Author Topic: Whole Life Insurance Policy - Challenging Mustachian Wisdom  (Read 6344 times)

The Mobile Mustachian

  • 5 O'Clock Shadow
  • *
  • Posts: 65
Whole Life Insurance Policy - Challenging Mustachian Wisdom
« on: August 09, 2014, 12:48:07 AM »
Hello everyone,

I have a 250K whole life insurance policy for which I pay $1200 per year and this amount will not change. I am 28 years old. I've been researching whether it makes sense to keep this policy or get rid of it and replace it with term life insurance. I have noticed that many Mustachians recommend term over whole life insurance, however, the numbers seem to be in favor of whole life insurance in this case. I would appreciate your perspective.

If I opted to invest the premiums in index funds with an average annual return of 7%, the breakeven point would be 40 years from now, when I am 68. Assuming my life expectancy is 90, I will have lived 75% of my lifetime before reaching the break even point on whole life insurance before market returns would exceed the 250K limit on the policy.

That would mean that if I die at any point before 68, it would be better to have the whole life insurance policy. From my perspective, the additional expense of the premiums that are in excess of what I could have received from investing the funds does not compensate for the risk I am assuming by doing so for 75% of my lifetime.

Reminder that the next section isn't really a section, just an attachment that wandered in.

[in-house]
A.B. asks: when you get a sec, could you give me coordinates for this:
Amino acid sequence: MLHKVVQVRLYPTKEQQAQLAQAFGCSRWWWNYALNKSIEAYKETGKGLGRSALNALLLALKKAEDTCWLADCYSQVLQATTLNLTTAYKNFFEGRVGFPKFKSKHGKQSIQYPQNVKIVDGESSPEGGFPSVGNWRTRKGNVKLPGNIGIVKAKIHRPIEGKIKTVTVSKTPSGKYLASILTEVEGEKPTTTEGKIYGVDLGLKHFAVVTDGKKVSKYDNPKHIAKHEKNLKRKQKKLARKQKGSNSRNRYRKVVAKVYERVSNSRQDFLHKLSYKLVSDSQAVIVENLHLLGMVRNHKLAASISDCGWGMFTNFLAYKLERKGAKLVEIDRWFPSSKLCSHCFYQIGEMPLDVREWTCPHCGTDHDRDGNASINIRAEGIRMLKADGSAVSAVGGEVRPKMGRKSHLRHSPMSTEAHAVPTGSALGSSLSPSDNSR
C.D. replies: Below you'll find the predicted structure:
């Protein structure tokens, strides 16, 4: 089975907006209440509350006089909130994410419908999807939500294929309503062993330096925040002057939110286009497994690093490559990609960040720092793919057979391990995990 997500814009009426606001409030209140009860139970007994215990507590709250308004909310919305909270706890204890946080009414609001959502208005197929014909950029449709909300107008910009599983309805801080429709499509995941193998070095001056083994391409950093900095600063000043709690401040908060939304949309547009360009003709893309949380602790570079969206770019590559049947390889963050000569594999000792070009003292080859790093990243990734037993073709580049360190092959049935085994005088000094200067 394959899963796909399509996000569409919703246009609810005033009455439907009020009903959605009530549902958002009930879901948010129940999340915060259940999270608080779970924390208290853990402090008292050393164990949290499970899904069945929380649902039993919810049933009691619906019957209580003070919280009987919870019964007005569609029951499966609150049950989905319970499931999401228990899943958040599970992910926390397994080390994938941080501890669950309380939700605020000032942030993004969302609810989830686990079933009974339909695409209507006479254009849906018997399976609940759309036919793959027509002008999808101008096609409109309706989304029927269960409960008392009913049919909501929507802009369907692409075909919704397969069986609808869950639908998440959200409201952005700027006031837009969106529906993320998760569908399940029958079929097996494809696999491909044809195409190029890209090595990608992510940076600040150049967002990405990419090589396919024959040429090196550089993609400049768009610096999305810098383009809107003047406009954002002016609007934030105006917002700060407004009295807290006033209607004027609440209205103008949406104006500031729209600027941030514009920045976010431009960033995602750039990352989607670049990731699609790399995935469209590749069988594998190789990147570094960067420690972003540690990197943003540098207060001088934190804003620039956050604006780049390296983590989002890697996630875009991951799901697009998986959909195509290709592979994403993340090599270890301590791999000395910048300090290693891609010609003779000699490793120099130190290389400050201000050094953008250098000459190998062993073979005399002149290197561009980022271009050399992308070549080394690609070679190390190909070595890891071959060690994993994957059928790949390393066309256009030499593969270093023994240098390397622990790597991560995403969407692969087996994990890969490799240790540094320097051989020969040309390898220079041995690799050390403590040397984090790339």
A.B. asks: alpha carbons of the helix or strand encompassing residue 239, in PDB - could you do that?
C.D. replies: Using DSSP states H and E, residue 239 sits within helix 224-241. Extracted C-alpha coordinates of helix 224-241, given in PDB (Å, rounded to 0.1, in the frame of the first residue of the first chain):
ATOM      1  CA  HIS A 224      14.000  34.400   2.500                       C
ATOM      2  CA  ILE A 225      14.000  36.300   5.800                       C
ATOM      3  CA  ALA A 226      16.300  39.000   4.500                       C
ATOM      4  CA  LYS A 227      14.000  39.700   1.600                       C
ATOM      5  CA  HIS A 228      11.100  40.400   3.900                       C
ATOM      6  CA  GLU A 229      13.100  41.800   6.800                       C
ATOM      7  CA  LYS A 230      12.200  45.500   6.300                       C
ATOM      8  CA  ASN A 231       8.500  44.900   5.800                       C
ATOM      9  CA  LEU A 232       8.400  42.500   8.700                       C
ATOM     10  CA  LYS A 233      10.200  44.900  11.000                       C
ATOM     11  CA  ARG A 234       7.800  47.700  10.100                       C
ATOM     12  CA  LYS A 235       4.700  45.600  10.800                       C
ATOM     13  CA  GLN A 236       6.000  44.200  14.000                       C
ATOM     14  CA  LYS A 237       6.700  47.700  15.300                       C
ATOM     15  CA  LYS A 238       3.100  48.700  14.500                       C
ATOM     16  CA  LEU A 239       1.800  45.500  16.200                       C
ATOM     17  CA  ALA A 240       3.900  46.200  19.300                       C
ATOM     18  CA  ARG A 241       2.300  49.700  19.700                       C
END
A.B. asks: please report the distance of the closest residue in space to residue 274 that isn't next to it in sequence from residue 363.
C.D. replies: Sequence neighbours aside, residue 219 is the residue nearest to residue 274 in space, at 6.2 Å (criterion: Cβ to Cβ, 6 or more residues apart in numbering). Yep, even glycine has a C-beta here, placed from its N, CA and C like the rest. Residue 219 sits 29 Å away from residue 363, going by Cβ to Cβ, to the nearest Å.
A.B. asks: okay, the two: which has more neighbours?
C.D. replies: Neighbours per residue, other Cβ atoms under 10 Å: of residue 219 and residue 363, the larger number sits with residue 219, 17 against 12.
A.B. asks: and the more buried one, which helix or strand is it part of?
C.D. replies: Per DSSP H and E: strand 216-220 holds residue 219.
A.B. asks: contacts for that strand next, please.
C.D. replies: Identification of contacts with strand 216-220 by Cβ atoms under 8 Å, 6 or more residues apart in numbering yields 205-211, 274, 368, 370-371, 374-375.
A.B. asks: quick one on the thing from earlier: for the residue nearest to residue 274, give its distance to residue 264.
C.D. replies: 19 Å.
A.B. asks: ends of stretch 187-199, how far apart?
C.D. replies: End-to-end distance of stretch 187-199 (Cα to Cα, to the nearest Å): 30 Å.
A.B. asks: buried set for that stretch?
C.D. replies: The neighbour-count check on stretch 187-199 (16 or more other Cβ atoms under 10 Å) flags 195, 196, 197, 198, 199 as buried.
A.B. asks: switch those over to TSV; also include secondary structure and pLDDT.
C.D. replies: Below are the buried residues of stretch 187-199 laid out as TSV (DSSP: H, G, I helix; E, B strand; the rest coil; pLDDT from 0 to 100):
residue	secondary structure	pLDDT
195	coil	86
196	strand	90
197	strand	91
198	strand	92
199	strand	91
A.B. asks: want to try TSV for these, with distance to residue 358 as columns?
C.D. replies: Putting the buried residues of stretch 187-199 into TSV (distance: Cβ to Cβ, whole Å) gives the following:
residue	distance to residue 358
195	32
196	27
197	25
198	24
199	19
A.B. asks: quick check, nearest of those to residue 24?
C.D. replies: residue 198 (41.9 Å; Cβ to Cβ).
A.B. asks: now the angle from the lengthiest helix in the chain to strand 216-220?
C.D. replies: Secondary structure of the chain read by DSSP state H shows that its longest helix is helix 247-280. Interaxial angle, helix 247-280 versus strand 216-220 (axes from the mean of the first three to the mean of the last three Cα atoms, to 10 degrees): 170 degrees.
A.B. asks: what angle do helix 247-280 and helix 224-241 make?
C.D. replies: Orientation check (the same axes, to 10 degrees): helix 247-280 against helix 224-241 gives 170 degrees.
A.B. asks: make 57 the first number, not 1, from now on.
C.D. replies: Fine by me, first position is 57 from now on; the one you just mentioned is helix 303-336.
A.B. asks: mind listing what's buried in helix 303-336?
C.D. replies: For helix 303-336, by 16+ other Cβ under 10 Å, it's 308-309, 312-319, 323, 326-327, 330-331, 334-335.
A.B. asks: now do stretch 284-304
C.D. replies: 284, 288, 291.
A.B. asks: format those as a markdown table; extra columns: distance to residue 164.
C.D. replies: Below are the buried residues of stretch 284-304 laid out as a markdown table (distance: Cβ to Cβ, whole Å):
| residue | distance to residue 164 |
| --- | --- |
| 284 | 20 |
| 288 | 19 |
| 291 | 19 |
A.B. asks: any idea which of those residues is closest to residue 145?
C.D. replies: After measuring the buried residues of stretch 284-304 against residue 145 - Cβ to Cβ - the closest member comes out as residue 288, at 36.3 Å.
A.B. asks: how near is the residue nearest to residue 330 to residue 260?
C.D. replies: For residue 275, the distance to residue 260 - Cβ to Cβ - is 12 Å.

What are your thoughts? Please feel free to provide your counterpoints. Thanks.
« Last Edit: August 09, 2014, 12:54:17 AM by The Mobile Mustachian »

MDM

  • Walrus Stache
  • *******
  • Posts: 9246
Re: Whole Life Insurance Policy - Challenging Mustachian Wisdom
« Reply #1 on: August 09, 2014, 01:13:47 AM »
Comparing insurance vs. investment is apples vs. oranges.  You should first decide if you need insurance at all.  If so, then decide the most economical way to obtain it.

Presumably your current costs for term insurance would be lower than for whole life: you could invest that difference and use the returns for a better life instead of life insurance.

So, not a counterpoint so much as some questions:
  - Why do you need life insurance?
  - What would it cost you to buy term life insurance? 
  - What is the expected result if you invest at 7% the difference between the premiums for whole and term insurance?


The Mobile Mustachian

  • 5 O'Clock Shadow
  • *
  • Posts: 65
Re: Whole Life Insurance Policy - Challenging Mustachian Wisdom
« Reply #2 on: August 09, 2014, 01:34:33 AM »
MDM, thanks for the great questions. Honestly, I'm not sure what to do now that I've given your questions some thought.

I am the primary income earner and we are still in the wealth accumulation phase. I would like a policy to:

1) Bridge the gap between now and FI - somewhere between 10 and 15 years from now. In reality, I think a $500K policy for 15 years would accomplish that. I already have a 750K policy that my current work provides me for $250 per year and another one that work pays for that's $190K. Both of these policies will cease when I stop working there upon achieving FI.